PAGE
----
Now, the question is: how do you choose? Of course, there is no single answer. But from our experience working with Enterprise IT deploying Private Clouds, there are definitely a few things you should bear in mind when making your decision.
So here we go: what are the questions you need to ask to decide on your Private Cloud Platform? In the end, we’ll see that your choice should be dictated by the level of involvement you want with your Private Cloud, and the level of risk you’re ready to accept.
#1: Do you want a project or a product?
OpenStack differentiates from CloudStack and Eucalyptus in the sense that it’s not really a self-contained piece of software, or product. Instead, OpenStack is a project.
Need proof? Navigate to OpenStack’s Github account, and look for an “OpenStack” repo. It’s not there. Why? Because OpenStack is not code. Instead, OpenStack is an umbrella organization, a constellation of subprojects projects small and large that let you build your own Cloud Platform.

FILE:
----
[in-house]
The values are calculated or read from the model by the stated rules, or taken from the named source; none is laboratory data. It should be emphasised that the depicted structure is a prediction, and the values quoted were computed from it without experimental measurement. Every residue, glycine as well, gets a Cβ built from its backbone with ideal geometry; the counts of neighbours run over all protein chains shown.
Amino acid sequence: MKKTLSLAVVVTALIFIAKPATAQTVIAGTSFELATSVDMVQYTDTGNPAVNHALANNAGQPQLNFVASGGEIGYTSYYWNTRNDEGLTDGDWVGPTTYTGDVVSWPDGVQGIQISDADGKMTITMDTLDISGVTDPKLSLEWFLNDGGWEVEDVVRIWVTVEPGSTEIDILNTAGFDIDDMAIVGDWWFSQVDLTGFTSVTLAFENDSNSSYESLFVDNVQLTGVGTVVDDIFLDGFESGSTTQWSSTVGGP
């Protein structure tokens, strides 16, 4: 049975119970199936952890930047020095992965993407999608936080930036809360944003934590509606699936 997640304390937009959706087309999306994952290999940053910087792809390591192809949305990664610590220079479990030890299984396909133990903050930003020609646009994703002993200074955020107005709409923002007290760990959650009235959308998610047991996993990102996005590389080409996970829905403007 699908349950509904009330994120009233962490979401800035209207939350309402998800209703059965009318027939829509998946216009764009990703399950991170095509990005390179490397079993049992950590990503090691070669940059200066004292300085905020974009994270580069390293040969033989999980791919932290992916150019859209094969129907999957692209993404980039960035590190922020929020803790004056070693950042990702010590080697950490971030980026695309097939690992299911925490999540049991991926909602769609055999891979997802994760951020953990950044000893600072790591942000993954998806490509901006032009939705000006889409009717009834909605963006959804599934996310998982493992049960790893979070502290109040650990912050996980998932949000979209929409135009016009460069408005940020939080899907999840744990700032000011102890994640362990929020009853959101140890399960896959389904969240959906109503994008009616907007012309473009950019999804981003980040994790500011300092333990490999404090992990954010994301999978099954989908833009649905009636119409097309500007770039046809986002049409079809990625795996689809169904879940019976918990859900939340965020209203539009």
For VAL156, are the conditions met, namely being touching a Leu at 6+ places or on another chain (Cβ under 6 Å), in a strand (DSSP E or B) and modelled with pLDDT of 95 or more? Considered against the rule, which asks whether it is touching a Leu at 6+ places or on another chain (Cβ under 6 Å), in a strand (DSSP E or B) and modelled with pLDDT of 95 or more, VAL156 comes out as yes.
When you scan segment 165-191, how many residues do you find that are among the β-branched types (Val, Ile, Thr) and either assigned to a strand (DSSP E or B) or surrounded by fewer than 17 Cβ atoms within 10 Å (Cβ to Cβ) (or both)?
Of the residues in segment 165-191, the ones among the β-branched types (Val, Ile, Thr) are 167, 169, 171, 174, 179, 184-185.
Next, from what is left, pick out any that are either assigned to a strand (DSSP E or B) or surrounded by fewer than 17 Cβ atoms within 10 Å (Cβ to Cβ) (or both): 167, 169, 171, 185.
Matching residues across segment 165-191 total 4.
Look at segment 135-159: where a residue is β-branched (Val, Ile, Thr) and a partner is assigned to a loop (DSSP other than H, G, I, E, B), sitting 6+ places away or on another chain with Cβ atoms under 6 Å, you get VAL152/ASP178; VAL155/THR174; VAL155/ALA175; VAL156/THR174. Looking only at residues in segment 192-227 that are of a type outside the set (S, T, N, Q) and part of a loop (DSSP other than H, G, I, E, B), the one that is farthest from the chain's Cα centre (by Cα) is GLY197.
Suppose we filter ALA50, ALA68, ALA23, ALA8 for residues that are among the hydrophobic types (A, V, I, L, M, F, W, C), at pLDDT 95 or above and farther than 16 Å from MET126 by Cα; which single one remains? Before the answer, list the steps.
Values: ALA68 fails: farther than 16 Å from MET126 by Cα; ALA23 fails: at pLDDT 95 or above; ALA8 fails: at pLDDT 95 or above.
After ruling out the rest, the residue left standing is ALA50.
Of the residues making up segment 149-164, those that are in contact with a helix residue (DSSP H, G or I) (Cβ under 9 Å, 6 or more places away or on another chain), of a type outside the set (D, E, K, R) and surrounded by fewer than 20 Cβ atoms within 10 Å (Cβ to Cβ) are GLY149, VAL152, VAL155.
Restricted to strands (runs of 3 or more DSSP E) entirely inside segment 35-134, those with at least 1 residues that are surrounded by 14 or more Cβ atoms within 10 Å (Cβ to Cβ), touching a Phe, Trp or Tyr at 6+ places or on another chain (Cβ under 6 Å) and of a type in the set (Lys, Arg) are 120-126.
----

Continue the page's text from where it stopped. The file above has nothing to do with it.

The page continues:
As such, OpenStack gives you a lot more control over the components you choose and how you configure them: as one of Scalr’s customers — an OpenStack user — put it: “got a problem with OpenStack? There’s a subproject for it!”
OpenStack’s Flexibility has a price
Unfortunately, this flexibility means that it’s a lot more work to get OpenStack up and running, and as such, OpenStack is the riskier option for your Cloud.
As a matter of fact, our experience with Enterprises deploying OpenStack has shown that the rate of first-time success with OpenStack is quite low when compared to the alternatives.
So before you decide on your platform, you need to ask: will you commit resources to take advantage of OpenStack’s unparalleled flexibility, and truly benefit from your choice of platform? Or would you rather install your Cloud Platform and move on to something else?
Update: What about OpenStack distributions?
Reuven Cohen pointed out on twitter that this article initially didn’t mention the fact that there are numerous “productized” OpenStack distributions out there, which are supported by integrators.